“By the Uncreated!” I jumped at the sudden sound of his voice, “Why do you people keep doing that? How long have you been there?”

“Just,” he began to enter the room.

“No!” Finn held up a hand, though his back was toward the door where Spiro had entered.

Spiro stopped dead in his tracks.

“Away,” Finn commanded, the muscles in his cheeks tensing.

“I–“ Spiro barely had time to speak.

“Leave!” Finn shouted, turning just enough to see Spiro from the corner of his eye, “You are the reason I am like this. We did not steal that stone to save someone’s life. We did it for your vapid, selfish, stupid pride. Your hubris will be my death!”

Spiro opened his mouth to speak, but he could not find the words. With downcast eyes he shook his head and swallowed painfully hard. Walking backward, he exited the room.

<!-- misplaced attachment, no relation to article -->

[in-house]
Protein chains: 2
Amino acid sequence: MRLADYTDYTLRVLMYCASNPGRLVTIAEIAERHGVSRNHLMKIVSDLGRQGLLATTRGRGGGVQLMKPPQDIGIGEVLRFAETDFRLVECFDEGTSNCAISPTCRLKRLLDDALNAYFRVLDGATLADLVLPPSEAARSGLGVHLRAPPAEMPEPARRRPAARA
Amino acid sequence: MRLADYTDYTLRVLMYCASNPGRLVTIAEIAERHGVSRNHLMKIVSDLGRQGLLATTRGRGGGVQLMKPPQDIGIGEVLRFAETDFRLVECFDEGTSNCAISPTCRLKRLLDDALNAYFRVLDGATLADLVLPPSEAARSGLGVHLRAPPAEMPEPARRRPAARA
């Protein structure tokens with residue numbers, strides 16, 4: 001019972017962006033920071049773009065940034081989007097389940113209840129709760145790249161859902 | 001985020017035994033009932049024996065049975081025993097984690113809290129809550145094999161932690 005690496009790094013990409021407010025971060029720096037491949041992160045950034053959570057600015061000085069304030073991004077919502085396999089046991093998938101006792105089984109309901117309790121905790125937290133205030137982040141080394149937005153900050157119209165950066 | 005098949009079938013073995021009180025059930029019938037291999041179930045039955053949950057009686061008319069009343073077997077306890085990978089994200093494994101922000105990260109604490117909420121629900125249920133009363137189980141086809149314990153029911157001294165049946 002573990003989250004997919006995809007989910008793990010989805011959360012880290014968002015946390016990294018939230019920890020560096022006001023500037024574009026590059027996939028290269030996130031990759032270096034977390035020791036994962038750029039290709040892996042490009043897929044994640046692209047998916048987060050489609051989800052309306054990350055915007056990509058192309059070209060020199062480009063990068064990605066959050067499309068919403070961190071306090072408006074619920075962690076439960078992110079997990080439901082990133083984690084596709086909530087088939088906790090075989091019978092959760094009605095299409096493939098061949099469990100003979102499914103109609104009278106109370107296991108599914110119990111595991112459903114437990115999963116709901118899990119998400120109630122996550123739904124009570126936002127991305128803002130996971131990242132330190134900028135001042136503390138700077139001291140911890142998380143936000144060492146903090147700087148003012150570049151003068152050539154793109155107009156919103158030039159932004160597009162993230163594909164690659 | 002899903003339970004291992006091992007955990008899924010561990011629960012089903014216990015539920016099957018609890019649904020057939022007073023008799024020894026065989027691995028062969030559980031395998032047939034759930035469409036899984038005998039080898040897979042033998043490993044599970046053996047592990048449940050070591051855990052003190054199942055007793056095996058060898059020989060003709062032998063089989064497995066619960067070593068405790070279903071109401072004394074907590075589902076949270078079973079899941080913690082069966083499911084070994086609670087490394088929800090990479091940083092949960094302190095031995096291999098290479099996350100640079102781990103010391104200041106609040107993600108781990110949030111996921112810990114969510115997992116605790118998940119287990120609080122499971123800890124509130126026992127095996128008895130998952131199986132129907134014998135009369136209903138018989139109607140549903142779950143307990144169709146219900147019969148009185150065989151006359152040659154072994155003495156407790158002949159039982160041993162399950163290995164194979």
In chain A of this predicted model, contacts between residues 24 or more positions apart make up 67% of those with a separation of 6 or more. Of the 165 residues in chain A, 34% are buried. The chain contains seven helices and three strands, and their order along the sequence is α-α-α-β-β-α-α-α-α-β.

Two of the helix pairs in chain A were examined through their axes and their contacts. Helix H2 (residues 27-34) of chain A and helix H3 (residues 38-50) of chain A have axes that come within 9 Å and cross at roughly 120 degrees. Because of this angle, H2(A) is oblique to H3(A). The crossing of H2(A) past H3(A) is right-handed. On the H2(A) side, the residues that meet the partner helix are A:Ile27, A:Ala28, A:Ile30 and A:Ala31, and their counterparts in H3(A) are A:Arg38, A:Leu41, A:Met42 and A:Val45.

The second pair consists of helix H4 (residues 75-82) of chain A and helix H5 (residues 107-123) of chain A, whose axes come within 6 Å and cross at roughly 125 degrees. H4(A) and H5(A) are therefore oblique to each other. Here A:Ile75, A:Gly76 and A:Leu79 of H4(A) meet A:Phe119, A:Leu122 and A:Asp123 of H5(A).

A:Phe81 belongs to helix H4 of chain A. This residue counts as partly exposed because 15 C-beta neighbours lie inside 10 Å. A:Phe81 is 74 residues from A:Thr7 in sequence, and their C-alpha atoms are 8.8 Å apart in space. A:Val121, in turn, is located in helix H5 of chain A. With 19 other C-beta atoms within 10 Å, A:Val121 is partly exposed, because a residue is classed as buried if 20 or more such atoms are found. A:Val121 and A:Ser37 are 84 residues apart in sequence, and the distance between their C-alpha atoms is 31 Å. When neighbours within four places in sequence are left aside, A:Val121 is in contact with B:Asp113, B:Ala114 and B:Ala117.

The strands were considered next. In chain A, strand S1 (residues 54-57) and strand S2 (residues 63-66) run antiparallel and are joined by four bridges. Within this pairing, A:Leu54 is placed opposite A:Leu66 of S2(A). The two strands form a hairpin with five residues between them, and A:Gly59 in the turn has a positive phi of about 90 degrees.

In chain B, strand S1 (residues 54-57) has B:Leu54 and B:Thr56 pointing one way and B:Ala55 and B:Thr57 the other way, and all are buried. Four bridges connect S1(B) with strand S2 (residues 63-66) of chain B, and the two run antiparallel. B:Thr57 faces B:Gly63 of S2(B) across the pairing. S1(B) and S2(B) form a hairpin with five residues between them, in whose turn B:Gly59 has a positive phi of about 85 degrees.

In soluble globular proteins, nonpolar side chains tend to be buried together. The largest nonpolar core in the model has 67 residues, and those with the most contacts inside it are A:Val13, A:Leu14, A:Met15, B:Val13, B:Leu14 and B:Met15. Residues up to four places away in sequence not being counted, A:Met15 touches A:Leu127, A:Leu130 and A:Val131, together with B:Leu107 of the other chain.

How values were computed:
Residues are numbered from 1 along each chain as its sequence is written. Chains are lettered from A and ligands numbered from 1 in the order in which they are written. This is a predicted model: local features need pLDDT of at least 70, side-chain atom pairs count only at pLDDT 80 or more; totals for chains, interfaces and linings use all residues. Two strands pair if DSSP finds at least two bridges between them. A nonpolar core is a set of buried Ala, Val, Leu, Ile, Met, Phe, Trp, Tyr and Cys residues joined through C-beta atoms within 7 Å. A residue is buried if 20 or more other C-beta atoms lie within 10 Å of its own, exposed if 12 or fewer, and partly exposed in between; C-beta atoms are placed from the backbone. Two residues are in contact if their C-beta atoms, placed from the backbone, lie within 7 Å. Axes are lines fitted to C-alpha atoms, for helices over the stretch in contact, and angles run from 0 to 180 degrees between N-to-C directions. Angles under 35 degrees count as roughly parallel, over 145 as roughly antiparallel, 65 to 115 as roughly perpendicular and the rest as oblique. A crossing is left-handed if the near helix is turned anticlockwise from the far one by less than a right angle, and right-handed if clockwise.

“The rest of you should leave as well,” he said through pursed lips, “I have no hope, and you know it.”

I stood, and headed for the door. Veeda stayed in her place, staring at Finn. I turned back to her with an expectant look, but she didn’t follow. Stepping toward Finn, her brows sternly furrowed.

“You have hope,” she said with equal tones of frustration and compassion, “You have us.”

A quick exhalation through his nose was his only reply. I motioned for Veeda to follow. She complied, and the two of us journeyed downstairs. In the entryway at the base of the steps, Myfanwy was waiting.

“Well, your friend beat it out of here quite quick, didn’t he?” She said, tilting her bonny head in the direction of the door.

“He’s upset,” I replied.

“Well, we all are – but I’m not about to cry, am I?” She put her hands on her hips.

“No,” I paused on the bottom step, turning to her, “And if you did, I think I should teach the one responsible quite the lesson.”